Sykes focus on challenges ahead

GARY Sykes will focus on the challenges ahead after the devastating news his WBO world super featherweight title fight against Adrien Broner has been called off.

The 28-year old Dewsbury boxer was due to fly to Las Vegas this weekend to complete preparations but his dreams were left in tatters after American promoters Golden Boy cancelled the show.

Sykes’ world title fight would have been chief support to the re-match between Bolton’s Amir Khan and American Lamont Peterson.

That fight fell through after it was revealed Peterson had tested positive for a synthetic testosterone and the Nevada Athletics Commission refused to grant him a licence to fight.

Nevada Commission executive director, Keith Kizer, said: “I feel sorry for Amir Khan and all the undercard fighters who will not now be paid, as well as all the fans who bought tickets and made travel plans.”

Sykes has taken comfort from the support he has received from friends and will be ready when his next opportunity arises.

Sykes’ trainer Julian McGowan said: “I want everyone to know we are still focused and looking forward to the next few years.

“Some things are not meant to be and fighting for a world championship was one of them at this stage.

“We had a fantastic opportunity and now it has gone and may be lost forever but we stepped up and how many others do? This will not deter us from our goal and success at the Central Boxing Club.”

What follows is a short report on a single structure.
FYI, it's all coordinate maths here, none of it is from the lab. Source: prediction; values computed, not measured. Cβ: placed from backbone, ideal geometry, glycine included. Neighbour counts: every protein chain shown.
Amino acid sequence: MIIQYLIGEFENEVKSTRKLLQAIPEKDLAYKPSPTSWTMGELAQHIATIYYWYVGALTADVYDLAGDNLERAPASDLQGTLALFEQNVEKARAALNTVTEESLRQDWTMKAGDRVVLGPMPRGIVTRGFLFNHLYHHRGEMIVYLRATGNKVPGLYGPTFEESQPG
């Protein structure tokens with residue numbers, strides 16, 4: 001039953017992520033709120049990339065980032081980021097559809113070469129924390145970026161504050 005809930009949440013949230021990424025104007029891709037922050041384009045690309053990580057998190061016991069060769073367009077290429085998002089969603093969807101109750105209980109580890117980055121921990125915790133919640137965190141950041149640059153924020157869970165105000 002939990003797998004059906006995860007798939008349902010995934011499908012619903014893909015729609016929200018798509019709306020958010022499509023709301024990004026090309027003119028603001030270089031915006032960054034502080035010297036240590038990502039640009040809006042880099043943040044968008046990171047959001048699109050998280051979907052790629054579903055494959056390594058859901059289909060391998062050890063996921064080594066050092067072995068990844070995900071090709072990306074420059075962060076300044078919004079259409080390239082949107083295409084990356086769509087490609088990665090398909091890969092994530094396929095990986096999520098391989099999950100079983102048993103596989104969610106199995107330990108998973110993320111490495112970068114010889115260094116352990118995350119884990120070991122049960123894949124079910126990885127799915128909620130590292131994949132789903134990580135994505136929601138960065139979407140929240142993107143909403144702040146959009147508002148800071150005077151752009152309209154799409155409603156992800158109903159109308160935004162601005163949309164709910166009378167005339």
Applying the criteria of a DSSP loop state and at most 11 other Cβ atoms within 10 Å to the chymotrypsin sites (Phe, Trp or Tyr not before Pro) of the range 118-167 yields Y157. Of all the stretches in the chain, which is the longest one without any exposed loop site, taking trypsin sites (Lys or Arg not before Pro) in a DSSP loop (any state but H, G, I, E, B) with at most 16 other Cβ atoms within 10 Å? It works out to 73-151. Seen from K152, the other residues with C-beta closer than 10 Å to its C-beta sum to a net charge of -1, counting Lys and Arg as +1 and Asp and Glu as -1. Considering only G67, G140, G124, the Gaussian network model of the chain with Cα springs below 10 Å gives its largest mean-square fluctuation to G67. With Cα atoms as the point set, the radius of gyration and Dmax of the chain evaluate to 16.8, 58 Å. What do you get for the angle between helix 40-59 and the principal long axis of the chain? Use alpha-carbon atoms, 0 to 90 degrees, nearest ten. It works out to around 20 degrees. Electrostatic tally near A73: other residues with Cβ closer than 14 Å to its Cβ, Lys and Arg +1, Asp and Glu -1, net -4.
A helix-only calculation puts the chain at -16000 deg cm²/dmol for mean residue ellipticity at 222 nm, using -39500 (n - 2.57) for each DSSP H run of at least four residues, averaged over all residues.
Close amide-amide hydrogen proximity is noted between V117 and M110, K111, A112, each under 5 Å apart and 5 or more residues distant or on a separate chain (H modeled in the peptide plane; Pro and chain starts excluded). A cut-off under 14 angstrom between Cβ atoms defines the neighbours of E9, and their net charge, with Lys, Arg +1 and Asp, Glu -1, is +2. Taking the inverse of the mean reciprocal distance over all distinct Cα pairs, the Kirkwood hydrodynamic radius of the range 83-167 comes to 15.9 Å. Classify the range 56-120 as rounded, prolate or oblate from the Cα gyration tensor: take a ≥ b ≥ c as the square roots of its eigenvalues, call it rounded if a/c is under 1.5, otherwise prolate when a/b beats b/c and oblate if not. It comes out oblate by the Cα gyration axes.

Sykes had switched to Las Vegas time to avoid getting jetlag, while he had been training up to four times a day for the fight.

McGowan added: “Gary showed me in the last few weeks he still has the skills, determination and love for boxing and the form that he has showed has been frightening.

“I am so proud of his efforts and the sacrifices he has made. We have a special team down at Dicky’s Gym and John Tallant and Mark Hurley have been my rocks.

“Good things can come from disappointment, it’s just a test we have to get through.

“In the 11th round against Andy Morris, one magical night in Huddersfield on March 5 2010, Gary was hurt, tired and behind on the scorecards in the fight of his life.

“I watched from three feet away in my corner position and held my breath. He took a deep gasp of oxygen, paused, then attacked non-stop with every ounce of energy and showed what he is – a champion.

“That moment is always etched in my mind. He’ll do this again and we won’t sleep until the Lonsdale belt is ours outright.”